To get at this point, observe the on-line comment string in response to almost any web-published article on climate change. Have you noticed first, how consistently these comment strings are dominated by denial of climate change? Decades of compelling scientific evidence have not altered this bias. Directly observable changes like satellite images of disappearing sea ice have not altered this bias.  It leads one to pose the question of how, in the face of the evidence, could such a large group deny climate change with such passionate, undiluted certainty?

For me, the psychological concept of "cognitive dissonance" is useful in  understanding this phenomenon.  To borrow from the lexicon of psychology, dissonance can lead to "confirmation bias" -- the denial of disconfirming evidence and other "ego defense" mechanisms.  I find this a compelling explanation for the distribution of public opinion relative to the evidence on climate change.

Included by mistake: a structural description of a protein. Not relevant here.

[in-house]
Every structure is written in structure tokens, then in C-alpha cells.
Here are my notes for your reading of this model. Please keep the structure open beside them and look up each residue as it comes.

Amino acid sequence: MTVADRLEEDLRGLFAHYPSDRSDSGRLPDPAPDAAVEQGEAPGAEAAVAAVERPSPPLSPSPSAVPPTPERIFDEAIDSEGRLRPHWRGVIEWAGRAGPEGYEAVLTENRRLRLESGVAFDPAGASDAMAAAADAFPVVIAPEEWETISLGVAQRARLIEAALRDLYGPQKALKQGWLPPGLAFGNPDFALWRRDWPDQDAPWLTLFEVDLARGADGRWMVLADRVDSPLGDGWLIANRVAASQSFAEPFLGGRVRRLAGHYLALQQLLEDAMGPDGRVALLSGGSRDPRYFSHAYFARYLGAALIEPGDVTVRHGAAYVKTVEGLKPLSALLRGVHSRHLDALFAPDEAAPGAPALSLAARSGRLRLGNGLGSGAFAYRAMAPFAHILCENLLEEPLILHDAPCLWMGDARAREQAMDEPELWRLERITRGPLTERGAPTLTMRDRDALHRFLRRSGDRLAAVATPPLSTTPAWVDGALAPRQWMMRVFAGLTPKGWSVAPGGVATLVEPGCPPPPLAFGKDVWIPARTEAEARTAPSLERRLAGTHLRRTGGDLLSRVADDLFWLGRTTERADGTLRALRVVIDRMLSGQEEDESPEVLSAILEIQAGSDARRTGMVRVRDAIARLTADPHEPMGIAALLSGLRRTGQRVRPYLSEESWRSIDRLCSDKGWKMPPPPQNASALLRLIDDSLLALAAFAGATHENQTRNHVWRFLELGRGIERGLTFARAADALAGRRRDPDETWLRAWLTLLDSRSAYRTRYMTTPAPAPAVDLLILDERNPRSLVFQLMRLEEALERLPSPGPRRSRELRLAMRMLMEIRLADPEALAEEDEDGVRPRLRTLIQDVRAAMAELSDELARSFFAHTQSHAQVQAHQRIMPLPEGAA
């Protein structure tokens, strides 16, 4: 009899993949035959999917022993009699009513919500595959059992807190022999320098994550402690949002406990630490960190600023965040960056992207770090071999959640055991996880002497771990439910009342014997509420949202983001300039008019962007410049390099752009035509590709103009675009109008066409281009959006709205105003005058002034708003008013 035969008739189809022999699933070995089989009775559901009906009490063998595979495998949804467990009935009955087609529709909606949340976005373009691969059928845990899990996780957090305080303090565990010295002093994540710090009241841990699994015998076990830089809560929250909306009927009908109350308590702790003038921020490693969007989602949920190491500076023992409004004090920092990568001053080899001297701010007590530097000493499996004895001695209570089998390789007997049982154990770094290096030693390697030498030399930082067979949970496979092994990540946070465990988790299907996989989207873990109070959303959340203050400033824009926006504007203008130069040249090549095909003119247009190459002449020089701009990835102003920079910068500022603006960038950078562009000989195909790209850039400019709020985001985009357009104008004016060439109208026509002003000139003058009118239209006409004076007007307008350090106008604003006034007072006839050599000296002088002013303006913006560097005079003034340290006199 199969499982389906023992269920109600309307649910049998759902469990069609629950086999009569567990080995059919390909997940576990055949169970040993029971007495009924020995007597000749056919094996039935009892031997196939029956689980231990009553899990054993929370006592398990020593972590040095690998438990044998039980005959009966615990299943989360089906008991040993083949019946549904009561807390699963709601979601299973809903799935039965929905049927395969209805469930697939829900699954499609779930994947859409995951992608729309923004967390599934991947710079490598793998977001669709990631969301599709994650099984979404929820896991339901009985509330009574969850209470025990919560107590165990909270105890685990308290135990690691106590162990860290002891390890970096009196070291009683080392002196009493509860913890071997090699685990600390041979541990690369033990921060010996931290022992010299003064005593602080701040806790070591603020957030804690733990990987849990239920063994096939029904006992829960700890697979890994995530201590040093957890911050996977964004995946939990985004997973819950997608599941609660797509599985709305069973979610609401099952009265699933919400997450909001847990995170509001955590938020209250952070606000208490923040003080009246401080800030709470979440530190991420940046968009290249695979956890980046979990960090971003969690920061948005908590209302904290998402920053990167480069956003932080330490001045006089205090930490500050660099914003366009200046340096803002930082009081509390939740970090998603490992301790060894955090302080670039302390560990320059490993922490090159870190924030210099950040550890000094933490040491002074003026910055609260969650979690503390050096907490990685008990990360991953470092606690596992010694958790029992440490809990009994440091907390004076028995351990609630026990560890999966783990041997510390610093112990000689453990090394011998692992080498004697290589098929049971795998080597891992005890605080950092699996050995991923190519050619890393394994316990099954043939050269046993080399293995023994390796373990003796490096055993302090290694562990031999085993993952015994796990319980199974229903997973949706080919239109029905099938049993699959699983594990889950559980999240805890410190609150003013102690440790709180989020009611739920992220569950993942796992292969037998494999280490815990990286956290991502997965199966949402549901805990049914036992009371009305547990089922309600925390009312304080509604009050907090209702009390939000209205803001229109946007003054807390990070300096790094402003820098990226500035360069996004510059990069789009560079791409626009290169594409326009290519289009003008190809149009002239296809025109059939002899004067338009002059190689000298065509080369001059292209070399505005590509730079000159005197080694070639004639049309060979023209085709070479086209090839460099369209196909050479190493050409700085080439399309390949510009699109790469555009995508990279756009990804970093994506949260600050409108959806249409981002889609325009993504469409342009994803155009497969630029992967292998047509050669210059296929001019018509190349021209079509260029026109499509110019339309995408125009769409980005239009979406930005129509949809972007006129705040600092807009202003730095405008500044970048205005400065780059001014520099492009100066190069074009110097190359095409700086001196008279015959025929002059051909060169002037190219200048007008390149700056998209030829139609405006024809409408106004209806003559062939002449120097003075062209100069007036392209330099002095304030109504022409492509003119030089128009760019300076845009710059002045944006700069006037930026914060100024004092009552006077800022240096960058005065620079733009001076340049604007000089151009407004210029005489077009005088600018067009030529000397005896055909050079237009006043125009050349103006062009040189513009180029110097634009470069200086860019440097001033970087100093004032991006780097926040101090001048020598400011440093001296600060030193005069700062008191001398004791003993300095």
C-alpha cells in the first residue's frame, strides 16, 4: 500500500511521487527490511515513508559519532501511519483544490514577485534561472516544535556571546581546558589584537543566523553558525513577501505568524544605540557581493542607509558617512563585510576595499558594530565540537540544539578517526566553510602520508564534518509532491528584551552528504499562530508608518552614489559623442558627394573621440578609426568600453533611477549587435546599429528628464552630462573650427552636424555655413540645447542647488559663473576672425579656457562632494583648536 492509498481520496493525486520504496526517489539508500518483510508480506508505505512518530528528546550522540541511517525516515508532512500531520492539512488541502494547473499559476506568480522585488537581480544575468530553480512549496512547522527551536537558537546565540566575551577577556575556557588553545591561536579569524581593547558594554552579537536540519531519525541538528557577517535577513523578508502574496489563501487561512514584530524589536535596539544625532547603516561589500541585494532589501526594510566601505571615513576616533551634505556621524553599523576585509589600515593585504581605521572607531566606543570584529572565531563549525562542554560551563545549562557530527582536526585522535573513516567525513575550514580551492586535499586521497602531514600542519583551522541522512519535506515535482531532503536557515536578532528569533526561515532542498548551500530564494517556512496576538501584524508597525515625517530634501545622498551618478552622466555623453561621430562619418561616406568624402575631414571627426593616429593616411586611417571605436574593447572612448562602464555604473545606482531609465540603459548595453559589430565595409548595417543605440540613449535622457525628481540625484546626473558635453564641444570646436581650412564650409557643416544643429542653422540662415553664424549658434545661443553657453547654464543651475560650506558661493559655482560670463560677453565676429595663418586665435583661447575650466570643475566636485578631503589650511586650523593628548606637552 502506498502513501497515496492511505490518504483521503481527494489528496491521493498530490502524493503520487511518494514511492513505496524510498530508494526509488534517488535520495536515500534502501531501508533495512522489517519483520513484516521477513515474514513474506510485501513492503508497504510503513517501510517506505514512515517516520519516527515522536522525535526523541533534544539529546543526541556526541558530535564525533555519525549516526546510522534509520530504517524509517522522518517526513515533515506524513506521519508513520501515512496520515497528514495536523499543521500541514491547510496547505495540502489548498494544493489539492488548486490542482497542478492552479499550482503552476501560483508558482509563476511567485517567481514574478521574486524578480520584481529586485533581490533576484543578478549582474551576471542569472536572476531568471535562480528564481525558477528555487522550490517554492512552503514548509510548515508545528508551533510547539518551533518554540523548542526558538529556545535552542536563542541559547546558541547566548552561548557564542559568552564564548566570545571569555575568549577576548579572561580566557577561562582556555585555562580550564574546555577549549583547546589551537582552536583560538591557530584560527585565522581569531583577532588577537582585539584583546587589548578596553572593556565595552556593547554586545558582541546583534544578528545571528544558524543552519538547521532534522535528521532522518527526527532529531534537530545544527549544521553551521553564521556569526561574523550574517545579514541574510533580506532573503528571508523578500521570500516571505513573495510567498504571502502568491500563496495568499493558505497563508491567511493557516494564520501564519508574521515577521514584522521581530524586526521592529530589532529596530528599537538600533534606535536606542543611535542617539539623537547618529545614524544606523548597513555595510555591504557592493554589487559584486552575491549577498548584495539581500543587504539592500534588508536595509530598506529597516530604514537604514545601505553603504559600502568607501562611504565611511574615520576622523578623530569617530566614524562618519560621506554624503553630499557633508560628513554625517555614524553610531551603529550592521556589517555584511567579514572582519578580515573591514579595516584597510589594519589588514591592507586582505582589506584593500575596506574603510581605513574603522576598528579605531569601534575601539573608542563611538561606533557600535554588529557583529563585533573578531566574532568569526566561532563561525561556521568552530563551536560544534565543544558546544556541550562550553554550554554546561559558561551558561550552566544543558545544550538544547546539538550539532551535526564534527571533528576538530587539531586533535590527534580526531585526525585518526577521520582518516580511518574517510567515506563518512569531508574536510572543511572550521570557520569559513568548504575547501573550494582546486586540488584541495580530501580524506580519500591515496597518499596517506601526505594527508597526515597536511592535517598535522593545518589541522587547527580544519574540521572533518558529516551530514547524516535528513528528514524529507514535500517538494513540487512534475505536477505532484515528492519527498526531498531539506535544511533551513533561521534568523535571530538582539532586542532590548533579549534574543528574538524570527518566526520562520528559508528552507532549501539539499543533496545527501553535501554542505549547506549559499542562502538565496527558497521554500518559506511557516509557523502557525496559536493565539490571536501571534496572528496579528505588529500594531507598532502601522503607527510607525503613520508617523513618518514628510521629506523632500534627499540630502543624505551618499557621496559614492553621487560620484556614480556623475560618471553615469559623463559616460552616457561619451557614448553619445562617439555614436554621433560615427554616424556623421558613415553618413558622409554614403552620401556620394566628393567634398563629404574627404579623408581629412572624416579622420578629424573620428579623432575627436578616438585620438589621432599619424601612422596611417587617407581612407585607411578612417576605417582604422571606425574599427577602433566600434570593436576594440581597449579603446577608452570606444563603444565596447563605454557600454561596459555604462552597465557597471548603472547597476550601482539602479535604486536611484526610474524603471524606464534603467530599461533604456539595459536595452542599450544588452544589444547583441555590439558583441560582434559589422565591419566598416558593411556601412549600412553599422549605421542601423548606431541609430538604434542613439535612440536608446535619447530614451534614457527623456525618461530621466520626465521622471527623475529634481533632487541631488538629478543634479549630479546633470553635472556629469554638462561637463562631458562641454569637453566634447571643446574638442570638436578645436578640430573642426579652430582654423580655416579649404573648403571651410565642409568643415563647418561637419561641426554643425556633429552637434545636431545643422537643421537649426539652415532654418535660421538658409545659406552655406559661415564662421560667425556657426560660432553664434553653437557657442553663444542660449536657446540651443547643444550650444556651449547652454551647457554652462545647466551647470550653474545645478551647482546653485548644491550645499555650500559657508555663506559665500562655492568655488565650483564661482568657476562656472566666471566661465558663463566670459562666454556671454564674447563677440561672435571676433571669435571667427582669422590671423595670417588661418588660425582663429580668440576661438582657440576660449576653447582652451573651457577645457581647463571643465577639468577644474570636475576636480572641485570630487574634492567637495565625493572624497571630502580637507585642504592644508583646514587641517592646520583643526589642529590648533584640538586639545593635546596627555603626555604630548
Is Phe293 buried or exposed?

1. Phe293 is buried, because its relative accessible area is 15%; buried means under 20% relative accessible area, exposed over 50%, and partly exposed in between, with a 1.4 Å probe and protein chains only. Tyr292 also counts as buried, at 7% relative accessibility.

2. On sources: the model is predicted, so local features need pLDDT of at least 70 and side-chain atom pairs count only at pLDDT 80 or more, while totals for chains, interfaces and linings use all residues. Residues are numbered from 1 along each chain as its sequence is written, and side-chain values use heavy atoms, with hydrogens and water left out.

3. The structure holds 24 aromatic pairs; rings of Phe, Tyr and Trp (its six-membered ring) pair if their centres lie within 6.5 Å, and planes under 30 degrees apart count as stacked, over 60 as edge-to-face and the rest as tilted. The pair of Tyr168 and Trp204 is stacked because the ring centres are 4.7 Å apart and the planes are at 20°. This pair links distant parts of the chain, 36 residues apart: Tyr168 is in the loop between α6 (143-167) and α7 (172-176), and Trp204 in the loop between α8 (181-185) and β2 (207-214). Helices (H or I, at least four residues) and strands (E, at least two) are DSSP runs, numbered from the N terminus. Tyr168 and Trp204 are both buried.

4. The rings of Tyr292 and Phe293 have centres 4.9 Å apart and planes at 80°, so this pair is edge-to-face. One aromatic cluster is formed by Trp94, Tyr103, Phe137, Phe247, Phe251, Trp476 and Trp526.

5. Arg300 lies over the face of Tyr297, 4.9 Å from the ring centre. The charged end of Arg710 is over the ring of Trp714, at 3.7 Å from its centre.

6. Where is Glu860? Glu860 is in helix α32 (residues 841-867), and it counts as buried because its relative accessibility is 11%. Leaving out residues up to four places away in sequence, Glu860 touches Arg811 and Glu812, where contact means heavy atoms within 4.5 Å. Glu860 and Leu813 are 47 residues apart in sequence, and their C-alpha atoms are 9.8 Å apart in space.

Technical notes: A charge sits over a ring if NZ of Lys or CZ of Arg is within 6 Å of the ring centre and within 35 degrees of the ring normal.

The climate change problem presents a systemic challenge to the assumptions and habits upon which most of us have constructed our lives. One tribe responds with a desire to learn more about the situation and what can be done about it.  The other tribe senses the profound threat that the overshoot presents to their way of being in the world.  And for these people, climate change denial is not a rational response to data -- it's an emotional defense against the implications of the data. Trying to win over this group with more evidence seems to be about as fruitful as trying to fight a fire by dousing the flames with gasoline. 

As marketers and communicators, I suspect, for the next period of time at least, we will need to be clear at all times which tribe we are addressing. The overshoot will be a powerful force shaping the way people respond to messages, products and experiences. Some people want to learn with a burning urgency. Others -- just the opposite.  Good luck reconciling both views in one brand's tribe.

About the Author

Glen Sinclair Drummond is a Partner and Chief Innovation Officer at Quarry Integrated Communications.